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Hello. Democrats raced to rally their voters yesterday in a bid to avoid landslide defeats in Tuesday’s midterm elections, with Republicans holding a slim advantage in the polls, which should be enough for them to regain control of the House of Representatives after four years.
Early voting data indicated high turnout across the country and massive spending on political advertising as both parties made their final pitches to Americans, who will deliver their verdict on Biden’s agenda as well as the call from a Republican party that is still in the thrall of former President Donald Trump.
The Senate majority hangs in the balance and will come down to a handful of hotly contested races, including in Pennsylvania, Nevada and Georgia. The ruling party in the White House typically loses seats in Congress in its first midterm election. Moreover, this year, Biden and the Democrats face brutally negative ratings on issues ranging from inflation to crime and immigration.
In a series of rallies over the weekend, top Democrats, including Biden and former President Barack Obama, made appearances in states that voted for their party in the last presidential election, a sign of their political vulnerability. Biden campaigned Saturday in Pennsylvania – the state where he grew up – after a visit to Illinois, then flew to New York yesterday for an event with Governor Kathy Hochul, who faces a surprisingly tough challenge from Republican Lee Zeldin.
“This election is about Biden’s agenda. People don’t like high inflation, high crime, open borders, fentanyl, that’s what we’re talking about,” Rick Scott, a Florida senator and chairman of the Republican National Senate Committee, told NBC. Scott was campaigning with Trump yesterday on behalf of Florida Senator Marco Rubio.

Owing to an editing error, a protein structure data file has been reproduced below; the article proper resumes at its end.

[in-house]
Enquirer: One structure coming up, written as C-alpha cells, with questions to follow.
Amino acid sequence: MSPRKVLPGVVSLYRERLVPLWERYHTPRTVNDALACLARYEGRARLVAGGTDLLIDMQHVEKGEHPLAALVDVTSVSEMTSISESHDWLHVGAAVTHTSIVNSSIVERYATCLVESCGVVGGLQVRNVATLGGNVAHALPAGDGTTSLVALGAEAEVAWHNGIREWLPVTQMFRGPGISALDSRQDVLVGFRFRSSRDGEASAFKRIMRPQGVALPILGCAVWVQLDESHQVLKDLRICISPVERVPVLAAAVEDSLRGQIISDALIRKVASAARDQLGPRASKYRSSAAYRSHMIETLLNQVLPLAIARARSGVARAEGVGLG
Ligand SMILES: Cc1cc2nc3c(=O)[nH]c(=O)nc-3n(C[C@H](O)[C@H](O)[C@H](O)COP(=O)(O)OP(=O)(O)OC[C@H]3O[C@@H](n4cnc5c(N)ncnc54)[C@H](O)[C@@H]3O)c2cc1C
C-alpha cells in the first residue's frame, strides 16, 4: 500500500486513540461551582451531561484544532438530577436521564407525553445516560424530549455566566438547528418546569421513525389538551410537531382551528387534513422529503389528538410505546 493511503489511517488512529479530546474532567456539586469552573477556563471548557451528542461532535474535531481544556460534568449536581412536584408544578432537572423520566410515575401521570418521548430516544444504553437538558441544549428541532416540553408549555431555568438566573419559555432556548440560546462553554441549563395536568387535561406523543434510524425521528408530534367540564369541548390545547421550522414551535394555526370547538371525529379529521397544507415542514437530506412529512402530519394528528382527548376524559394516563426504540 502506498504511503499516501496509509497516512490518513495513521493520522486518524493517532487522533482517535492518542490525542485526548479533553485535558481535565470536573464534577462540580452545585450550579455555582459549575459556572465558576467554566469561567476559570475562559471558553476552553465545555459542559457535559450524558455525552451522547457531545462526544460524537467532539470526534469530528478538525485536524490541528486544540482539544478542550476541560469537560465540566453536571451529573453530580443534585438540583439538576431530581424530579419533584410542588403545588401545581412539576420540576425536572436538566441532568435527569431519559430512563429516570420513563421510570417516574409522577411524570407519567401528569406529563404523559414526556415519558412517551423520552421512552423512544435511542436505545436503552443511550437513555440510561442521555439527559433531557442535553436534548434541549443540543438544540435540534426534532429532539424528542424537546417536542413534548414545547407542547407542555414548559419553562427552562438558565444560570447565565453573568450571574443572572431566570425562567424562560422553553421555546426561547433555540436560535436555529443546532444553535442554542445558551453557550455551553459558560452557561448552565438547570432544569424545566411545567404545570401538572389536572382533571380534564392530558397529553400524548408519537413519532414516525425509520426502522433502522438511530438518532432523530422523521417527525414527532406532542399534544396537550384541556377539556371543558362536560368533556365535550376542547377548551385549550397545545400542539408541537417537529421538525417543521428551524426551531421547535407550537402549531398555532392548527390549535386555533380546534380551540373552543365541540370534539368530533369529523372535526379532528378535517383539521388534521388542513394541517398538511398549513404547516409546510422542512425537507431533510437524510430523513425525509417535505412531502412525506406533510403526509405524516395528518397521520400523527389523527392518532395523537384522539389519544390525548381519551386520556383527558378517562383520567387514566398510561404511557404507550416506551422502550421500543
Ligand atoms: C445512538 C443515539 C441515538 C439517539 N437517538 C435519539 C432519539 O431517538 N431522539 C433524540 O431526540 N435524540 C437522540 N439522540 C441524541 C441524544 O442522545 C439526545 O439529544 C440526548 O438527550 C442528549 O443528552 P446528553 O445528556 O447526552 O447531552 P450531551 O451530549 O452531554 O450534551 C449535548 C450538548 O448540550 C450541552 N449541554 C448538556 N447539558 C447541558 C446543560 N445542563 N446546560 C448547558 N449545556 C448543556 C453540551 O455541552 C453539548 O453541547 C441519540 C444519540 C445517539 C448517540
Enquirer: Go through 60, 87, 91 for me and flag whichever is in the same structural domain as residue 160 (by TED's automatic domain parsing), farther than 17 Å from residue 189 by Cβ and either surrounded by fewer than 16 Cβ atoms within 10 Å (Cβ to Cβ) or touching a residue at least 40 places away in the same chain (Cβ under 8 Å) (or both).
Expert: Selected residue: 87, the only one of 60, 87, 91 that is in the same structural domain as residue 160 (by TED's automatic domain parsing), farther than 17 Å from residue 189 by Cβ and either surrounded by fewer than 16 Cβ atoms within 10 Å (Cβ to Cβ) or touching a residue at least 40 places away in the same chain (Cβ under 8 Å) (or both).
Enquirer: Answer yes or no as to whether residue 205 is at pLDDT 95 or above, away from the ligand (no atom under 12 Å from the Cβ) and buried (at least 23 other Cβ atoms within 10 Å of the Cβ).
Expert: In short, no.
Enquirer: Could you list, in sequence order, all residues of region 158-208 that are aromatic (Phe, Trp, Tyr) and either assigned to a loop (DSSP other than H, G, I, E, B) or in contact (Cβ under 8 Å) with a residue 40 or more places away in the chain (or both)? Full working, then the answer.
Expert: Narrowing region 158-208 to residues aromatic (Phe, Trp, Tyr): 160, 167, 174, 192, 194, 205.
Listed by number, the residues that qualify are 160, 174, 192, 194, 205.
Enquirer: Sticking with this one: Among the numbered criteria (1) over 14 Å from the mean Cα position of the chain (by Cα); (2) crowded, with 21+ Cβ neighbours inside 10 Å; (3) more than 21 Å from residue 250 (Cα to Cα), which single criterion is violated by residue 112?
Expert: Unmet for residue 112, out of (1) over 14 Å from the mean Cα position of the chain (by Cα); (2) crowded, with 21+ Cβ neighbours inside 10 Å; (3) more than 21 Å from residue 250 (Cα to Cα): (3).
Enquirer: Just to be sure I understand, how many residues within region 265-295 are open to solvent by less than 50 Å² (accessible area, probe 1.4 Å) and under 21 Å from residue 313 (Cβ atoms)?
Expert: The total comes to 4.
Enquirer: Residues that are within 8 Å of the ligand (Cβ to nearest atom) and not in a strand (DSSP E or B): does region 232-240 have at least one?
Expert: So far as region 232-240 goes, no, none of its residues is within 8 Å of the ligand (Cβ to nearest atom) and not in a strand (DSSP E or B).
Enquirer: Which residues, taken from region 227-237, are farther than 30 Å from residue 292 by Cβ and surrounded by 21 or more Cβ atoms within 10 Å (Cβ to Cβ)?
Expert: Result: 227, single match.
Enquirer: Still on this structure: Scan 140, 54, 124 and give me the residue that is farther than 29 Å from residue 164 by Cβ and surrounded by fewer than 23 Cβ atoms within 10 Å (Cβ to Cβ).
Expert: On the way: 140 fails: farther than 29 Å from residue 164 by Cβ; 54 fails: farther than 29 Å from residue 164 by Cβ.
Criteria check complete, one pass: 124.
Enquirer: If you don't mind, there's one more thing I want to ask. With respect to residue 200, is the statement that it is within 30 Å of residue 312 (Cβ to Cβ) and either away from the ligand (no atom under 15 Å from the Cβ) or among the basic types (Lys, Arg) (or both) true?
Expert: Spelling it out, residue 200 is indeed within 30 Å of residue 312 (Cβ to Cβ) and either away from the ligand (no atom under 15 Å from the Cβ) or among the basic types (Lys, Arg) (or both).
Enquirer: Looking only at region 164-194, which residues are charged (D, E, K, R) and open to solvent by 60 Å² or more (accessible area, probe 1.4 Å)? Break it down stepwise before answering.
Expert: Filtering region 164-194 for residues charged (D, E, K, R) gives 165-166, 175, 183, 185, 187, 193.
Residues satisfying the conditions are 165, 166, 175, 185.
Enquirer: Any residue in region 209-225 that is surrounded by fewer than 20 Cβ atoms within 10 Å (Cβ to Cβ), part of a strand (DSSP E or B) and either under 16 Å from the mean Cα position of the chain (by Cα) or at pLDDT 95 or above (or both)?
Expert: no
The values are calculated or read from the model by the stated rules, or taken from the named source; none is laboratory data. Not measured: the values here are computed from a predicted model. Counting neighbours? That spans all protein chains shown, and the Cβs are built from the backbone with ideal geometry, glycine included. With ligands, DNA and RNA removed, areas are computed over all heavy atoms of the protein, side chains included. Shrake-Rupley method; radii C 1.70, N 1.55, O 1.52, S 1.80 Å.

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Five other stories in the news
1. Beijing refutes market rumors of a faster end to the zero-Covid policy China’s National Health Commission reiterated the country’s commitment to eliminating Covid-19 at a press conference on Saturday, setting markets for greater volatility as officials warn of a winter flu season” severe and complex”.
2. Sweden distances itself from Kurdish groups to win Turkey’s support for NATO Many Western countries have backed the People’s Protection Units, a Kurdish militia that helped defeat the Isis terror group in Syria, but Sweden’s new centre-right government has said it will distance itself from the group because Turkey sees the militia as a direct threat.
3. Protests in Iran fuel ethnic tensions Mahsa Amini’s death in September after her alleged violation of the Islamic dress code sparked some of the largest and longest-lasting anti-regime protests in Iran. Today, Iran’s hardline politicians fear that a protracted unrest could leave the country vulnerable to threats from ethnic separatists and Islamist insurgents.
4. Japan to sign military pact with UK as allies monitor Chinese threat Japan and the United Kingdom plan to sign a major defense pact in December that will allow the countries to strengthen their cooperation with the United States in the Indo-Pacific. The pact will facilitate joint exercises and logistical cooperation between nations. It will also establish a legal framework to simplify the heavy bureaucratic formalities for the entry of troops into each other’s countries.